Wednesday, December 24, 2014

Hot attach and hot detach network interface to kvm guest

To hot attach a network interface to a kvm guest, please follow below steps. The command we'll be using is virsh:

  1. Get to know the name of the guest, run below command on the kvm host: 
    foo@host:~$ sudo virsh list
     Id Name                 State
      1 kvm-guest running
  2. Check whether module acpiphp is loaded on the guest: 
    foo@guest:~$ sudo lsmod | grep -i acpiphp
  3. If yes, proceed to step 4. If no, run below command:
    foo@guest:~$ sudo modprobe acpiphp
  4. Hot attach the network interface:
    foo@host:~$ sudo virsh attach-interface kvm-guest network --model virtio --persistent
    Interface attached successfully
  5. Run dmesg on guest to verify that the interface has been attached successfully:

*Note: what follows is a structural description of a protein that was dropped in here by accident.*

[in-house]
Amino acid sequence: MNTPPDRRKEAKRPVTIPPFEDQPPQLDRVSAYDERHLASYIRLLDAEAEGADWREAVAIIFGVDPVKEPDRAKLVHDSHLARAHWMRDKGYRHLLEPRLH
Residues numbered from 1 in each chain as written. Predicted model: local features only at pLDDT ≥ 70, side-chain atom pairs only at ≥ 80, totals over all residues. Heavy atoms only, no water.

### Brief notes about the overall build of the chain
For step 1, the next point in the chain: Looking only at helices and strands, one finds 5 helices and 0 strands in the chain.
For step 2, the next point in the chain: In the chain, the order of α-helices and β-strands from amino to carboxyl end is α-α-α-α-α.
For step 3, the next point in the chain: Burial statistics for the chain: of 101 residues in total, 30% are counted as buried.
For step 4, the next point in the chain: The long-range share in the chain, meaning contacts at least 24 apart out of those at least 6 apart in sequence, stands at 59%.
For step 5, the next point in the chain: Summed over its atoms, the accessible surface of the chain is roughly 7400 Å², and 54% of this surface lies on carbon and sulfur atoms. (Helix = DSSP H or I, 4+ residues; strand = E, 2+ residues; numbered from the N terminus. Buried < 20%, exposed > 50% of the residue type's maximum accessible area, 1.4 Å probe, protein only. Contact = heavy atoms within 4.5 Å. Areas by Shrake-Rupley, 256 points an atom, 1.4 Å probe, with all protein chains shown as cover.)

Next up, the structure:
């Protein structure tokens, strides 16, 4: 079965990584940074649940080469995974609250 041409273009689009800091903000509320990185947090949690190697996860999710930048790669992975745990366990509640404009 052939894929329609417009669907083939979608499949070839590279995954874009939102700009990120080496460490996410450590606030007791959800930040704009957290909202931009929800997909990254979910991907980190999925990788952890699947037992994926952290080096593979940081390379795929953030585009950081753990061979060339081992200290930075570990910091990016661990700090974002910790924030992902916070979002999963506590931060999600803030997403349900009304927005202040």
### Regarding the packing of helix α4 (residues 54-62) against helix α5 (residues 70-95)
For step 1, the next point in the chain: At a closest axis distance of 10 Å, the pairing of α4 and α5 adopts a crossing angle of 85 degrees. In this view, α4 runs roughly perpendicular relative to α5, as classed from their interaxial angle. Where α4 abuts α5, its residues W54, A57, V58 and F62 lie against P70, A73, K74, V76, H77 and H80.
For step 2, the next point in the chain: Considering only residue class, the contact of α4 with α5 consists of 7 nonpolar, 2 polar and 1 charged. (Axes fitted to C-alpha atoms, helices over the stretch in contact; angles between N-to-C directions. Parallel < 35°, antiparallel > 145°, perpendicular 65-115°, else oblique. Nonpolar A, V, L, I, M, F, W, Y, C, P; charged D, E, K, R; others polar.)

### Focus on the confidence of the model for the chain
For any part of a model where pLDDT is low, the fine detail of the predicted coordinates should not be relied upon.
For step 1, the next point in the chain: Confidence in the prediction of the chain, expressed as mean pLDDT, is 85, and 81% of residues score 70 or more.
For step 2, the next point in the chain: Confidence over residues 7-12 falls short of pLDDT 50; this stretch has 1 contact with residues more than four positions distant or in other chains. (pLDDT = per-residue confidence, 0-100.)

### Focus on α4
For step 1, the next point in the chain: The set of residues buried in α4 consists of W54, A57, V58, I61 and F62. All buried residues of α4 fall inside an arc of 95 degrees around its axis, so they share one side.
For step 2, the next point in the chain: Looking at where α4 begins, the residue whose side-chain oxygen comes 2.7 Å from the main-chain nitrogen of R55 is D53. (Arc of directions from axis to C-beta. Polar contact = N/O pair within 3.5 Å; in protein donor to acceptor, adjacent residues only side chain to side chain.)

foo@guest:~$ dmesg | tail 
    [38613567.591261] virtio-pci 0000:00:04.0: using default PCI settings
    [38613567.591283] pci 0000:00:05.0: no hotplug settings from platform
    [38613567.591285] pci 0000:00:05.0: using default PCI settings
    [38613567.591741] virtio-pci 0000:00:05.0: enabling device (0000 -> 0003)
    [38613567.593361] ACPI: PCI Interrupt Link [LNKA] enabled at IRQ 10
    [38613567.601486] virtio-pci 0000:00:05.0: PCI INT A -> Link[LNKA] -> GSI 10 (level, high) -> IRQ 10
    [38613567.601524] virtio-pci 0000:00:05.0: setting latency timer to 64
    [38613567.602328] virtio-pci 0000:00:05.0: irq 43 for MSI/MSI-X
    [38613567.602343] virtio-pci 0000:00:05.0: irq 44 for MSI/MSI-X
    [38613567.602357] virtio-pci 0000:00:05.0: irq 45 for MSI/MSI-X
  6. Set ipaddress for the new interface:
    foo@guest:~$ sudo touch /etc/sysconfig/network-scripts/ifcfg-eth1; sudo echo -e "DEVICE=eth1\nONBOOT=yes\nTYPE=Ethernet\nBOOTPROTO=static\nIPADDR=\nNETMASK=" > /etc/sysconfig/ifcfg-eth1
  7. Bring up the interface:
    foo@guest:~$ sudo ifup eth1
  8. Check the interface:
    foo@guest:~$ ifconfig eth1
    eth1      Link encap:Ethernet  HWaddr 52:54:00:D7:10:04
              inet addr:  Bcast:  Mask: